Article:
The order puts on hold the lower court rulings and sets a timeline for oral arguments to be held in April
By Dave Andrusko
This post will largely be how Daniel Estes, Idaho’s Attorney General, characterized the Supreme Court’s decision that came down last Friday. I learned a lot, and I believe you will, too. The headline for his office’s take was “Idaho’s life-saving law to come before US Supreme Court”.
WASHINGTON – The U.S. Supreme Court Friday halted a lower court ruling that allowed the Biden administration to misuse the federal Emergency Medical Treatment and Labor Act to force emergency room doctors to perform abortions in violation of Idaho’s Defense of Life Act.
Idaho’s law puts the lives of women and their unborn children first, preventing physicians from ending an unborn child’s life unless doing so is necessary to save the life of the mother. The stay issued in State of Idaho v. United States of America will remain in effect until the high court decides the case later this year, allowing Idaho to continue to protect the lives of women and their children as the litigation continues. The Supreme Court went so far as to grant a writ of certiorari, taking the matter completely out of the hands of the lower court.
The Court’s actions come in response to a request by the Office of the Attorney General of Idaho, with the assistance of attorneys from Alliance Defending Freedom and Cooper & Kirk, to prevent the Biden administration from misusing federal law to force Idaho emergency room doctors to deny life-saving care to vulnerable patients.
“We are very pleased and encouraged by the Supreme Court’s decision. The federal government has been wrong from day one,” said Idaho Attorney General Raúl Labrador. “Federal law does not preempt Idaho’s Defense of Life Act. In fact, EMTALA and Idaho’s law share the same goal: to save the lives of all women and their unborn children. My Office of Solicitor General—together with the experienced and highly-respected supreme court advocacy firms I’ve selected to assist us—looks forward to representing the people of Idaho before the Supreme Court. The administration’s lawless attempt to override Idaho’s decision to preserve all our citizens’ lives must be stopped.”
“Women and unborn children deserve to know that emergency room doctors will do everything possible to preserve their lives. This includes treating women experiencing ectopic pregnancies, miscarriages, and other life-threatening conditions,” said ADF Senior Counsel Erin Hawley, vice president of the ADF Center for Life and Center for Regulatory Practice. “The government has no business forcing emergency room physicians to violate their duty to provide life-saving care to all, including unborn children. We are proud to serve alongside the State of Idaho to ensure doctors can freely and safely serve women and their families.”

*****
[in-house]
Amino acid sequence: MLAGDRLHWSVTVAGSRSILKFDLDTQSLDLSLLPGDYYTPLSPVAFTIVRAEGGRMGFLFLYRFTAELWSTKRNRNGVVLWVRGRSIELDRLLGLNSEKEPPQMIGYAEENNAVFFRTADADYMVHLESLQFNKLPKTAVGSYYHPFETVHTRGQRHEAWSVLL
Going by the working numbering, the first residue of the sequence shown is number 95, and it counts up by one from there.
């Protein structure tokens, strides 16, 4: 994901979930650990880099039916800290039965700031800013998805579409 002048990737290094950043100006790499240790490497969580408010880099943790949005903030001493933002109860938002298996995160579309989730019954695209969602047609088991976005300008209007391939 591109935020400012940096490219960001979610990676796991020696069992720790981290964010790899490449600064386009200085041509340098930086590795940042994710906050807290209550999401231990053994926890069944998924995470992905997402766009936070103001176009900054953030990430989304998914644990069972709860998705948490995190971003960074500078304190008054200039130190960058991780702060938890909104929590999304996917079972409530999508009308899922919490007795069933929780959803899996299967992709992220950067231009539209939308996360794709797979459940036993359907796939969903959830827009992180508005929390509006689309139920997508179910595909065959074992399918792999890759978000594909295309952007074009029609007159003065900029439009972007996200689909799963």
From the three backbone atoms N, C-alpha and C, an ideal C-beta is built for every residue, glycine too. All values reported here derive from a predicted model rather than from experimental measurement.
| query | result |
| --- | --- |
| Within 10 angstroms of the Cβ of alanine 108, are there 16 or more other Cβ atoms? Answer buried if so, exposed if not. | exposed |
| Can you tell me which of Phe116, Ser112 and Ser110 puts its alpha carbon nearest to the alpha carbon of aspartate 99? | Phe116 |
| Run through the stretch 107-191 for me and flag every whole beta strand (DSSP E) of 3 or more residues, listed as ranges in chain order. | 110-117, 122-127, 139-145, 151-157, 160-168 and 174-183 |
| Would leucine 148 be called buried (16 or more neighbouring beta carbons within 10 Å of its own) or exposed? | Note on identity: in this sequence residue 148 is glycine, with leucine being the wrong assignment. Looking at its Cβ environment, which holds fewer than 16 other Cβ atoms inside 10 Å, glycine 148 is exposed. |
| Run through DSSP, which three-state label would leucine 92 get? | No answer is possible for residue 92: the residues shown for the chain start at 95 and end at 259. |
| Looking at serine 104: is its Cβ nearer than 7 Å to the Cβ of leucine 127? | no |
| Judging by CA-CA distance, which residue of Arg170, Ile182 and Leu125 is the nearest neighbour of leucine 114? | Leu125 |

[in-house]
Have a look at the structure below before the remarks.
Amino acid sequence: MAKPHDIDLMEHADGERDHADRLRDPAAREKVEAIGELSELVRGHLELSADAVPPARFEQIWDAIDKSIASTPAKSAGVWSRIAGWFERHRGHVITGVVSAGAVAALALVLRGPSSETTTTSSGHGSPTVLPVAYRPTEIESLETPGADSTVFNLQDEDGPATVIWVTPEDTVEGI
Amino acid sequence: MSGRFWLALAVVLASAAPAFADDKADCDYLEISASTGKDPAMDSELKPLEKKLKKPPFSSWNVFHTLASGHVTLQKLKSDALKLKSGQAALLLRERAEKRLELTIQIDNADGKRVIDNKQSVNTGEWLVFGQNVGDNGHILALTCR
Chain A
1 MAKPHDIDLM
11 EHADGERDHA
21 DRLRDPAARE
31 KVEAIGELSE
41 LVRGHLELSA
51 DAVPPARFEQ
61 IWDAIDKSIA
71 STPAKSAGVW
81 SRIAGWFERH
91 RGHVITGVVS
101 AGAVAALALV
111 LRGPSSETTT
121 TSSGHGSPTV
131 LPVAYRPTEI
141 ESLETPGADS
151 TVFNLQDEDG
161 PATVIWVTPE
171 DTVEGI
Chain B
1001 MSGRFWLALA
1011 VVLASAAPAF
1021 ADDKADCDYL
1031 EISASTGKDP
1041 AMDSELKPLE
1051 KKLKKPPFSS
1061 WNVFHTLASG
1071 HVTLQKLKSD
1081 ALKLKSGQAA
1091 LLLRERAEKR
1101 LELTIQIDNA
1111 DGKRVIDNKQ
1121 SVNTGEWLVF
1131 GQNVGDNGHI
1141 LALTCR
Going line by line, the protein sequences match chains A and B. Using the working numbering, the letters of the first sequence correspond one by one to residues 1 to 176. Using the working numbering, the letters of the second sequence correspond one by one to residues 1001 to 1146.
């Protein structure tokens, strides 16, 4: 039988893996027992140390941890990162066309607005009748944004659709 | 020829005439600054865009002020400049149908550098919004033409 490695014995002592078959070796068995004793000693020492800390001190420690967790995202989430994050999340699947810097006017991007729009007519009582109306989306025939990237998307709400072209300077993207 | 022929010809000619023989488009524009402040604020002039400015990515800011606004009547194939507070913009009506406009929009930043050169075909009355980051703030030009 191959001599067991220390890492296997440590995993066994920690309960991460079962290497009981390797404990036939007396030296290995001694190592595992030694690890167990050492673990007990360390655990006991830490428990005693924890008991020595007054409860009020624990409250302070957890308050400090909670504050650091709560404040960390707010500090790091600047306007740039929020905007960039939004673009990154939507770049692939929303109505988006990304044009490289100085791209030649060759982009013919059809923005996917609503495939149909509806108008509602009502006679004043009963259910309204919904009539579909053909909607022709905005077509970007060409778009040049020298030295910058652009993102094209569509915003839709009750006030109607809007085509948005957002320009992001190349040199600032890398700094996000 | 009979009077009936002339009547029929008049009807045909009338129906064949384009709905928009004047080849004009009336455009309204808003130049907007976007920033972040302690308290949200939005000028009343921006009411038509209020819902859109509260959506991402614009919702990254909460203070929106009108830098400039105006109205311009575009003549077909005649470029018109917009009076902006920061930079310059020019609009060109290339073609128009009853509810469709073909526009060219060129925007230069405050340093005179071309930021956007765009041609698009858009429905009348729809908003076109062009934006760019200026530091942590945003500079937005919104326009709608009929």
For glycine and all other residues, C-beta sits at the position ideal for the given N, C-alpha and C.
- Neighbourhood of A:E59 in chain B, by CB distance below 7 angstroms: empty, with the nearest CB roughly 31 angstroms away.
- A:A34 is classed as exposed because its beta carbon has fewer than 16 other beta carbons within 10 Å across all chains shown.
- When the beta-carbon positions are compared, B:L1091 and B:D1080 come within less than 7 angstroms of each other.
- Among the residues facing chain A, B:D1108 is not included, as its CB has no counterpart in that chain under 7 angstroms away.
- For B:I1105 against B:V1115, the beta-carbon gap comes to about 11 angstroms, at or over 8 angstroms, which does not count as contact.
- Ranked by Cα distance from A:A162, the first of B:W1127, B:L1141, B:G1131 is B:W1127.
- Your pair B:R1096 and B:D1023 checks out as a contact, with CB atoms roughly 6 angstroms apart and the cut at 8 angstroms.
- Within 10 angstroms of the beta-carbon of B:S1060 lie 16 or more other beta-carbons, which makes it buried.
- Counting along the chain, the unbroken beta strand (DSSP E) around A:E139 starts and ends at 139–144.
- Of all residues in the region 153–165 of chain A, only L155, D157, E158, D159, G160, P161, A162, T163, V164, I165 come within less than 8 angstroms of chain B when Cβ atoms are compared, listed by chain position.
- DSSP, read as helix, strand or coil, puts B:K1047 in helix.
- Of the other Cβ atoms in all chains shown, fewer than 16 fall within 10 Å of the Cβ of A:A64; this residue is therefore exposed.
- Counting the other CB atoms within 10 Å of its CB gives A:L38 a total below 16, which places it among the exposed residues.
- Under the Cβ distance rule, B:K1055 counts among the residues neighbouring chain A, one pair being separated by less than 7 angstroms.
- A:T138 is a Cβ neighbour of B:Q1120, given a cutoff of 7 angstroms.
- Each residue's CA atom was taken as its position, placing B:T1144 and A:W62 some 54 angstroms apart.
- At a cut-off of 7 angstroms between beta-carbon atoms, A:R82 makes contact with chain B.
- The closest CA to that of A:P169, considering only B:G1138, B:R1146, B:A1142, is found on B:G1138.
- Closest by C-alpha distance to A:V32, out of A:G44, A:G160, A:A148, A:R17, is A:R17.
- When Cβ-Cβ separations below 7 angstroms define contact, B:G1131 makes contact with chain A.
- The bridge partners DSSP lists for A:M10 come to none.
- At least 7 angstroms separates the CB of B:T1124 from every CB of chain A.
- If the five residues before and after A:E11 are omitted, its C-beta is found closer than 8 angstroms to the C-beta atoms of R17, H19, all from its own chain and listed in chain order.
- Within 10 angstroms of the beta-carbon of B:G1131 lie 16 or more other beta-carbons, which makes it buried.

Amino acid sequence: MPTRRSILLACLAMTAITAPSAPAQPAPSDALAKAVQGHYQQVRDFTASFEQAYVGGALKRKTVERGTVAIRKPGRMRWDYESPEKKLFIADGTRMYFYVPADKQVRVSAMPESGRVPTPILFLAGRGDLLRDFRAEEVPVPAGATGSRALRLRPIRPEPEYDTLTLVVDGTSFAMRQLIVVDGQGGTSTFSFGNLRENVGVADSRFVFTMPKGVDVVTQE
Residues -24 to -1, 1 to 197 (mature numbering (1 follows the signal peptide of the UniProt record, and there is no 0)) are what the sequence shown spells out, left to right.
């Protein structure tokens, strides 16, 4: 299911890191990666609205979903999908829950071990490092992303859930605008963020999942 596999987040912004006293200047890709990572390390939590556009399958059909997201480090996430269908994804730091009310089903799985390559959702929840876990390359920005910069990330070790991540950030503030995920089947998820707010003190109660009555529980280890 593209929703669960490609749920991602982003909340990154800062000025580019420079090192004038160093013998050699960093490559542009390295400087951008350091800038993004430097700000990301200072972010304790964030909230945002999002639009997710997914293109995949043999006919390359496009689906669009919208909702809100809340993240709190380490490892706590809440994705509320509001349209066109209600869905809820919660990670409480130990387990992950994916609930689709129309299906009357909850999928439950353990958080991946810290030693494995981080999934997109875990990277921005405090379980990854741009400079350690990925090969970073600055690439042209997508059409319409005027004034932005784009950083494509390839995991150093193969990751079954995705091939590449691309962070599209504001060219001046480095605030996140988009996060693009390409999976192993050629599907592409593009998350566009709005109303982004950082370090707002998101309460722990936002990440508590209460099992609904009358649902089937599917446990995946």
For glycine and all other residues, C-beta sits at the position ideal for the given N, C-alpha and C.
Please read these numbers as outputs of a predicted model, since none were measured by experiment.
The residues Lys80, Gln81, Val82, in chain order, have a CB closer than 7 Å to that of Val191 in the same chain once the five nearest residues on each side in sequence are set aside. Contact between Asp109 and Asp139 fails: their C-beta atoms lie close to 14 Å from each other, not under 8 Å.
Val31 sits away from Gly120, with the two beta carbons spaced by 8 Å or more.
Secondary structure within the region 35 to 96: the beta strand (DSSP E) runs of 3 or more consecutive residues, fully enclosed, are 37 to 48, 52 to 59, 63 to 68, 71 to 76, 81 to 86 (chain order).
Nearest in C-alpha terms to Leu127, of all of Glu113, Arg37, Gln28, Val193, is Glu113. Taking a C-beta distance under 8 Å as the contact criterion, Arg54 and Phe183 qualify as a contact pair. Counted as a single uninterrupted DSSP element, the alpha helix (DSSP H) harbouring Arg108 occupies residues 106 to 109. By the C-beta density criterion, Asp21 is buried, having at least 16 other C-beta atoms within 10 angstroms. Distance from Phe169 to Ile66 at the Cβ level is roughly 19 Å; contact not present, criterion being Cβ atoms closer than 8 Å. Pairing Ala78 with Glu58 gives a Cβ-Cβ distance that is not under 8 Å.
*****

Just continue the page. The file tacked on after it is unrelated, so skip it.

“The district court’s preliminary injunction was wrong about the scope of EMTALA and when a federal law preempts a state law,” said Chuck Cooper, chairman and founding partner of Cooper & Kirk. “Idaho’s position has already been supported by two appellate three-judge panels, and the U.S. Supreme Court’s stay is consistent with Idaho’s view. We look forward to the U.S. Supreme Court’s decision on the merits of the case later this year.”
In a friend-of-the court brief, 20 states united in support of Idaho’s efforts to preserve life-saving care for women and children from federal government overreach.
Ever watchful for any scheme it can use to multiply the number of abortions, in 2022 the Biden administration sued Idaho, using the federal EMTALA as a lever. EMTALA, established by the pro-life Reagan Administration, is “a federal Medicare statute meant to protect access to emergency treatment regardless of a patient’s ability to pay.” Among the vulnerable patients “were pregnant mothers in labor,” as Ashley Leenerts of Texas Right to Life, explained. They would receive essential care for themselves and their preborn children.
But when the U.S. sued the State of Idaho, they claimed that EMTALA overrode Idaho’s pro-life law and “requires emergency departments to treat and stabilize any patient, and that doctors there could conclude an abortion is necessary to do so,” Michael Macagnone wrote The Hill.
Judge B. Lynn Winmill of the U.S. District Court for the District of Idaho “sided with the Biden administration and blocked implementation of the state law, finding that it violated the federal Emergency Medical Treatment and Labor Act,” Macagnone wrote.
“A three-judge panel of the U.S. Court of Appeals for the 9th Circuit initially ruled in favor of the law, but the full court later paused the law while the case played out. The Supreme Court order puts on hold the lower court rulings and sets a timeline for oral arguments to be held in April.”